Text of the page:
Sage Street residents gather around an outdoor fireplace
Residents of the Village at Sage Street gather at the outdoor fireplace. Photos courtesy of VOA

The Village on Sage Street offers 216 small single-occupancy units in a dorm-style. They’re meant for minimum-wage workers looking for low-income housing. As rents continue to increase, many are priced out of the space they need.

VOA Program Director Devin McFarland says The Village on Sage Street works as “bridge” housing—the kind of place working people can stay while they’re building their income, saving money or trying to meet other financial goals.

“Our goal is that nobody pays more than 30% of their income,” McFarland says. “Our goal is to take individuals where they are at, get them to their own space that they have to live in while they work to either save up, pay off debt, build their credit, get a positive reference form for their next apartment, purchase a vehicle, go to school—whatever it may be—while not financially drowning.”

The Village on Sage Street was developed with the help of the City of Reno, the Community Foundation of Western Nevada and the VOA. The VOA has also been responsible for other affordable housing developments in Northern Nevada.

“Here at VOA, we like innovative challenges,” McFarland says. “We definitely have really enhanced and taken on any housing that we can get. It is a major focus of our organization to be able to provide a solution for housing and ultimately allow folks to become independent members of society again.”

The Village on Sage Street project started back in 2018 when city developers Allison Gorelick and Par Tolles got the idea from refurbished mining camps back in Wyoming. With the help of the City of Reno, they were able to fund it with a private-public partnership that didn’t use any federal dollars, according to McFarland.

Most assume that it’s meant to be transitional housing for homeless individuals, but McFarland says The Village on Sage Street is for anyone who can’t afford rent and falls within the income range. “We didn’t plan to focus on those who are unhoused, but rather all those who need affordable housing. So it could be your baristas. It could be your casino workers, your warehouse workers,” McFarland says.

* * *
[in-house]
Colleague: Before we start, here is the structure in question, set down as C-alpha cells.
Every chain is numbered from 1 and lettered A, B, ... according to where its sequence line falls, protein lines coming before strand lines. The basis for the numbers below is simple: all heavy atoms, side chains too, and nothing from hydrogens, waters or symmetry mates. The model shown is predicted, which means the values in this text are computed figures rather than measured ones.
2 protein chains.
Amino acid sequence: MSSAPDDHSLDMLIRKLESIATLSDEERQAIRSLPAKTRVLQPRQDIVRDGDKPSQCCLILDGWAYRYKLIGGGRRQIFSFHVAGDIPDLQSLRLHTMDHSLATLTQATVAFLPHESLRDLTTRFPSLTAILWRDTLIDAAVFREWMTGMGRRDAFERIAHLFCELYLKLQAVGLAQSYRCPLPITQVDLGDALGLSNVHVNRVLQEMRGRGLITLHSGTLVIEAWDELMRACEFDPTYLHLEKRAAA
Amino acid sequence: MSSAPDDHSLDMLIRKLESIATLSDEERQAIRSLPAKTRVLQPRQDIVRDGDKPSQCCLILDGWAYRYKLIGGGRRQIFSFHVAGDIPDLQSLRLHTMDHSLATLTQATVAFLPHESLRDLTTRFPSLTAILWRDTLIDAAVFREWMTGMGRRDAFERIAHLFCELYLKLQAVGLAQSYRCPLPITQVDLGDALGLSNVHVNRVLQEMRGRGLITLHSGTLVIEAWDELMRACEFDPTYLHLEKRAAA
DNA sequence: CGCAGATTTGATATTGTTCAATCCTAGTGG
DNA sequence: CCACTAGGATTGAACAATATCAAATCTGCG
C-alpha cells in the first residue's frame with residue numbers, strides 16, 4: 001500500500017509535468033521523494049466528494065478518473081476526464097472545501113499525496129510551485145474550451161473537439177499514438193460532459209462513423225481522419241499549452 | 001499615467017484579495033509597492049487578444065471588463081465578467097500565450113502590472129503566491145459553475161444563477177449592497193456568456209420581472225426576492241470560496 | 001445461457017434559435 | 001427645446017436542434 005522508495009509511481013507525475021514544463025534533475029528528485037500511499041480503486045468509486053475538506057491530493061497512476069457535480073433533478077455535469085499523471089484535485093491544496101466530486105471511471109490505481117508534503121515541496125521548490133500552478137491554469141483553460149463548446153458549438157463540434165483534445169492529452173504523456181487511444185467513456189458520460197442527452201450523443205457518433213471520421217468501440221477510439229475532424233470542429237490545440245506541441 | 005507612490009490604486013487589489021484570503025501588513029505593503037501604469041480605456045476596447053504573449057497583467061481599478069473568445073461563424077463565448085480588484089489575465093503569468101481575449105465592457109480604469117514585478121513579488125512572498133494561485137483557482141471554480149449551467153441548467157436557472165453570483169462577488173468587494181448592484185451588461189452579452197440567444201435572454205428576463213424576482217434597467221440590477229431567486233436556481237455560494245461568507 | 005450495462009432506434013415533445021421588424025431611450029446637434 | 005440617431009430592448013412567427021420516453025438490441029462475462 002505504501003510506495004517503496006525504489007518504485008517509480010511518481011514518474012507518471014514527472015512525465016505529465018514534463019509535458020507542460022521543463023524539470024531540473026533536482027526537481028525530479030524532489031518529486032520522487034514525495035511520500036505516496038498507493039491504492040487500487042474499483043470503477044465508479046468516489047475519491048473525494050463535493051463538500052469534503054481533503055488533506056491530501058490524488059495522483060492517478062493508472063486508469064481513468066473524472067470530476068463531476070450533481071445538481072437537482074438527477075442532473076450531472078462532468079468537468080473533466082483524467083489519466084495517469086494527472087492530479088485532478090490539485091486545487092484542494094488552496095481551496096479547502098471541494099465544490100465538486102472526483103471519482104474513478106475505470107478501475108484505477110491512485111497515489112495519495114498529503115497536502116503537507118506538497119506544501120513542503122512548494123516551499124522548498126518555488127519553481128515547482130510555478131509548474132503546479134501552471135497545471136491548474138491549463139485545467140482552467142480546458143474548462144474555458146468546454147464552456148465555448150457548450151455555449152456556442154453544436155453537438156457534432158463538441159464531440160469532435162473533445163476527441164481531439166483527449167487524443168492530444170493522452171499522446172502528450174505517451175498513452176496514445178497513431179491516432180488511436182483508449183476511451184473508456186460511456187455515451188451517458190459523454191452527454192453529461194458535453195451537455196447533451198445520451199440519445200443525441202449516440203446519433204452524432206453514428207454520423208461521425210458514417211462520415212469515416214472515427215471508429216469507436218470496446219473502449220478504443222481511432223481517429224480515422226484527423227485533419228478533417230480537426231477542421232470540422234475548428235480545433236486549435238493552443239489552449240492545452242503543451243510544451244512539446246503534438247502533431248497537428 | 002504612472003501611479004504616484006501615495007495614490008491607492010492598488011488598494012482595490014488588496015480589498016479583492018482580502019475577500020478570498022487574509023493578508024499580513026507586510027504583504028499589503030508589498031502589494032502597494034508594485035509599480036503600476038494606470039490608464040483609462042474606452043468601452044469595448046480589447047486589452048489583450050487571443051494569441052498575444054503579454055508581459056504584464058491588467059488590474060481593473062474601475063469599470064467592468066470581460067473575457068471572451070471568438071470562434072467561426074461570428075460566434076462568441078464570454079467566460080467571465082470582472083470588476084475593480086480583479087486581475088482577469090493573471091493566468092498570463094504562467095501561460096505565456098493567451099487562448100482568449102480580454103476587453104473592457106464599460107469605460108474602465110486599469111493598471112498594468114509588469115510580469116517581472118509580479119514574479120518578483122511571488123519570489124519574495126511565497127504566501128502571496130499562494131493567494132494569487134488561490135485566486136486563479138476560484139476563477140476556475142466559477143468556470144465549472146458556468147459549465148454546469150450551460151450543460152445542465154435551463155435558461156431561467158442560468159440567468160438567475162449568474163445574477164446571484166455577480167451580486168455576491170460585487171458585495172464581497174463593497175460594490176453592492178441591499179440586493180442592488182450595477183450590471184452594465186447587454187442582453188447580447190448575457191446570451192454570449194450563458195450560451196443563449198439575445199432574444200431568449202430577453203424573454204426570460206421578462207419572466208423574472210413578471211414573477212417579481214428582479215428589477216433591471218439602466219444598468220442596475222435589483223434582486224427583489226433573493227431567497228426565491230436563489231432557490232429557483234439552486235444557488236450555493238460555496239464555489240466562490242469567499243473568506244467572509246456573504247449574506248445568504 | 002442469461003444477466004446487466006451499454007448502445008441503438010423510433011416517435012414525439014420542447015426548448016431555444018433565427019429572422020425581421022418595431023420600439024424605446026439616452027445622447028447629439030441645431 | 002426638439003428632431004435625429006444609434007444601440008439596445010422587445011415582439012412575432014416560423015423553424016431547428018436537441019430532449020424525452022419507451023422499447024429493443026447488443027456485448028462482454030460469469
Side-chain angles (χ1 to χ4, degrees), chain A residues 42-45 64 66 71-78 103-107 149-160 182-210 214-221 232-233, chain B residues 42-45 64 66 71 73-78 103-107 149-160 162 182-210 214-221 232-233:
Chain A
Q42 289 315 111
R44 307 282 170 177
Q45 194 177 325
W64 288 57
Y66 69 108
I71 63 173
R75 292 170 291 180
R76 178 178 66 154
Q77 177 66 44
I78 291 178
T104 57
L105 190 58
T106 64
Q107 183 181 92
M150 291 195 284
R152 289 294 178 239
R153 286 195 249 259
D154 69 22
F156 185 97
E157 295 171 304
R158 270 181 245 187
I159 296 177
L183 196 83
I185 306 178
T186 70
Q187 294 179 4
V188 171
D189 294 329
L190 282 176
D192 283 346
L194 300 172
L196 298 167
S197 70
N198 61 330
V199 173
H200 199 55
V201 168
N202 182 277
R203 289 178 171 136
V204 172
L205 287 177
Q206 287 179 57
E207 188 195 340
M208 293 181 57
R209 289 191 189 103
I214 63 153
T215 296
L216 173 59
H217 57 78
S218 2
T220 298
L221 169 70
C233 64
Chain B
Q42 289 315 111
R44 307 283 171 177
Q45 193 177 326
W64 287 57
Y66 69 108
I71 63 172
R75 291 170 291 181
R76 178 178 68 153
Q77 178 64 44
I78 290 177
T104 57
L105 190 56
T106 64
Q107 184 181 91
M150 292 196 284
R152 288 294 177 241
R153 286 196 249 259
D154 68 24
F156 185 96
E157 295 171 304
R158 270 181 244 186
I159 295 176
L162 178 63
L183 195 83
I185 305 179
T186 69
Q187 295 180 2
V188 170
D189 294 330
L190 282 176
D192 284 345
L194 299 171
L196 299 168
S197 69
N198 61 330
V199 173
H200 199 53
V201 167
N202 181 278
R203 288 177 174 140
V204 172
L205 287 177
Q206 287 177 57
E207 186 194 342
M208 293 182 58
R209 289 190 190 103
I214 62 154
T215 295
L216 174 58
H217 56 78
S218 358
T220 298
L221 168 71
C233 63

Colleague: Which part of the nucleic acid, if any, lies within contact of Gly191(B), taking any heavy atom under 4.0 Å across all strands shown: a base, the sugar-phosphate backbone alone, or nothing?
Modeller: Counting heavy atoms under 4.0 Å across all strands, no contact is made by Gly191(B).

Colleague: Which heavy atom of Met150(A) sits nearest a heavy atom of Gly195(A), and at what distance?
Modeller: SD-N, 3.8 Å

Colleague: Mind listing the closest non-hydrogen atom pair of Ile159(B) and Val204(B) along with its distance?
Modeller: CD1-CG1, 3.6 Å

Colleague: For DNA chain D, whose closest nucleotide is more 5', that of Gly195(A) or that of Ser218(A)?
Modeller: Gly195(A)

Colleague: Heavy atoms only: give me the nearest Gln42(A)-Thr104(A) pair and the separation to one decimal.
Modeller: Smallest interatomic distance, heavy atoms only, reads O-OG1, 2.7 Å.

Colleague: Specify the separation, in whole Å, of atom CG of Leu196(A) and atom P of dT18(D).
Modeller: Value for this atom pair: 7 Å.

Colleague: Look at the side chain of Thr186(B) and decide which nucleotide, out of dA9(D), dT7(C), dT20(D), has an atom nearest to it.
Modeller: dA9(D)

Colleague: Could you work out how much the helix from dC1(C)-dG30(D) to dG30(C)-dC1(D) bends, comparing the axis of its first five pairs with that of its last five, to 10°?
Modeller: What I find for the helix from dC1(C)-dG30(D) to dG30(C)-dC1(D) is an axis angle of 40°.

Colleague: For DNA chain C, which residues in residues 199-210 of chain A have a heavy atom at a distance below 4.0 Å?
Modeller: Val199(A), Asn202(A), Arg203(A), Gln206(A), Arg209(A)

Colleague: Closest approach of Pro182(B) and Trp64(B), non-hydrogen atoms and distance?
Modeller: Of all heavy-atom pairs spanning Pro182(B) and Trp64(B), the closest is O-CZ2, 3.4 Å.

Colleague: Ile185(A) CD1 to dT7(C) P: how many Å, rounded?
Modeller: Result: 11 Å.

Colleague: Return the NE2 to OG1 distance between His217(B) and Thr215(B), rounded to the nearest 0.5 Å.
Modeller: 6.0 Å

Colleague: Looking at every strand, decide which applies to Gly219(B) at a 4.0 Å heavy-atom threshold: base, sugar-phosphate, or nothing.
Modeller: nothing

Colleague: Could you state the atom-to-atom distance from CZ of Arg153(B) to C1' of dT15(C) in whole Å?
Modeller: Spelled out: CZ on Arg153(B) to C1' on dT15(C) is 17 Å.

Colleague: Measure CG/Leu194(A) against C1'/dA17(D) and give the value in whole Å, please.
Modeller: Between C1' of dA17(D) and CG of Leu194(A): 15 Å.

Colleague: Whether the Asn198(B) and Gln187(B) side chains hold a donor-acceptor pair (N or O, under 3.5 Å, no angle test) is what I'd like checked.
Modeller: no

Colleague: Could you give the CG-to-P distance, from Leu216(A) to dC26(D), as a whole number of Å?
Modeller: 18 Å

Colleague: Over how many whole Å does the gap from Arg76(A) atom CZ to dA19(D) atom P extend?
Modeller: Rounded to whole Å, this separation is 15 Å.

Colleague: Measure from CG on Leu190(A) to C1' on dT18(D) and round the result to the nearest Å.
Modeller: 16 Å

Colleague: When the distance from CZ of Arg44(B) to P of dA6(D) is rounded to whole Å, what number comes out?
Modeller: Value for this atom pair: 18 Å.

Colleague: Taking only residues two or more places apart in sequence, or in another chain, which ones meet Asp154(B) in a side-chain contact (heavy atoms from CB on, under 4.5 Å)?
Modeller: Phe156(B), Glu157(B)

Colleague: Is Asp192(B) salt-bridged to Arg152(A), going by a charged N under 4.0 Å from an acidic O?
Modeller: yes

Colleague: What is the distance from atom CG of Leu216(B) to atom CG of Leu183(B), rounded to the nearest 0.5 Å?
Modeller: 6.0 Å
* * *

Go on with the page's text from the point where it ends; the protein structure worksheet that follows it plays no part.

“Our goal is that nobody pays more than 30% of their income.” Devin McFarland, VOA Program Director at The Village on Sage Street

Those coming out of homelessness are still a big part of Sage Street, however. “About 60% of my folks have transitioned directly out of homelessness to here,” McFarland says.

Some of these lodgers have been able to find employment to increase their income and afford rent, while others already had the income and only needed the chance to find housing. Lodgers pay $400 a month, and the program is supplemented by financial donations to provide for building and ground repairs as well as the classes that help lodgers build the foundation they need to move toward their next step of housing.

Sage Street has offered a few resources to help lodgers get back on their feet, from budgeting classes, SNAP assistance, and other financial courses. These resources, along with the ease of affordable living, set up more residents for success. Developer Allison Gorelick says, “It’s a nice community of folks. They’re all there for the same reason: looking to have a warm, safe place to be.” One lodger, McFarland says, was able to purchase and pay off a car while he lived at Sage Street. “And so now he has moved on to his own apartment, now he doesn’t have to worry about car payments for quite some time and has the added security that he needed.”

VOA Program Director Devin McFarland

By providing affordable housing, lodgers can get the comfort and support they need to move on to better, permanent housing in the future. “Part of our goal is to see everyone leave here on a positive note and have used us as a stepping stone to get to the next step,” says McFarland.

For more information or to support The Village on Sage Street, contact Christie Holderegger at

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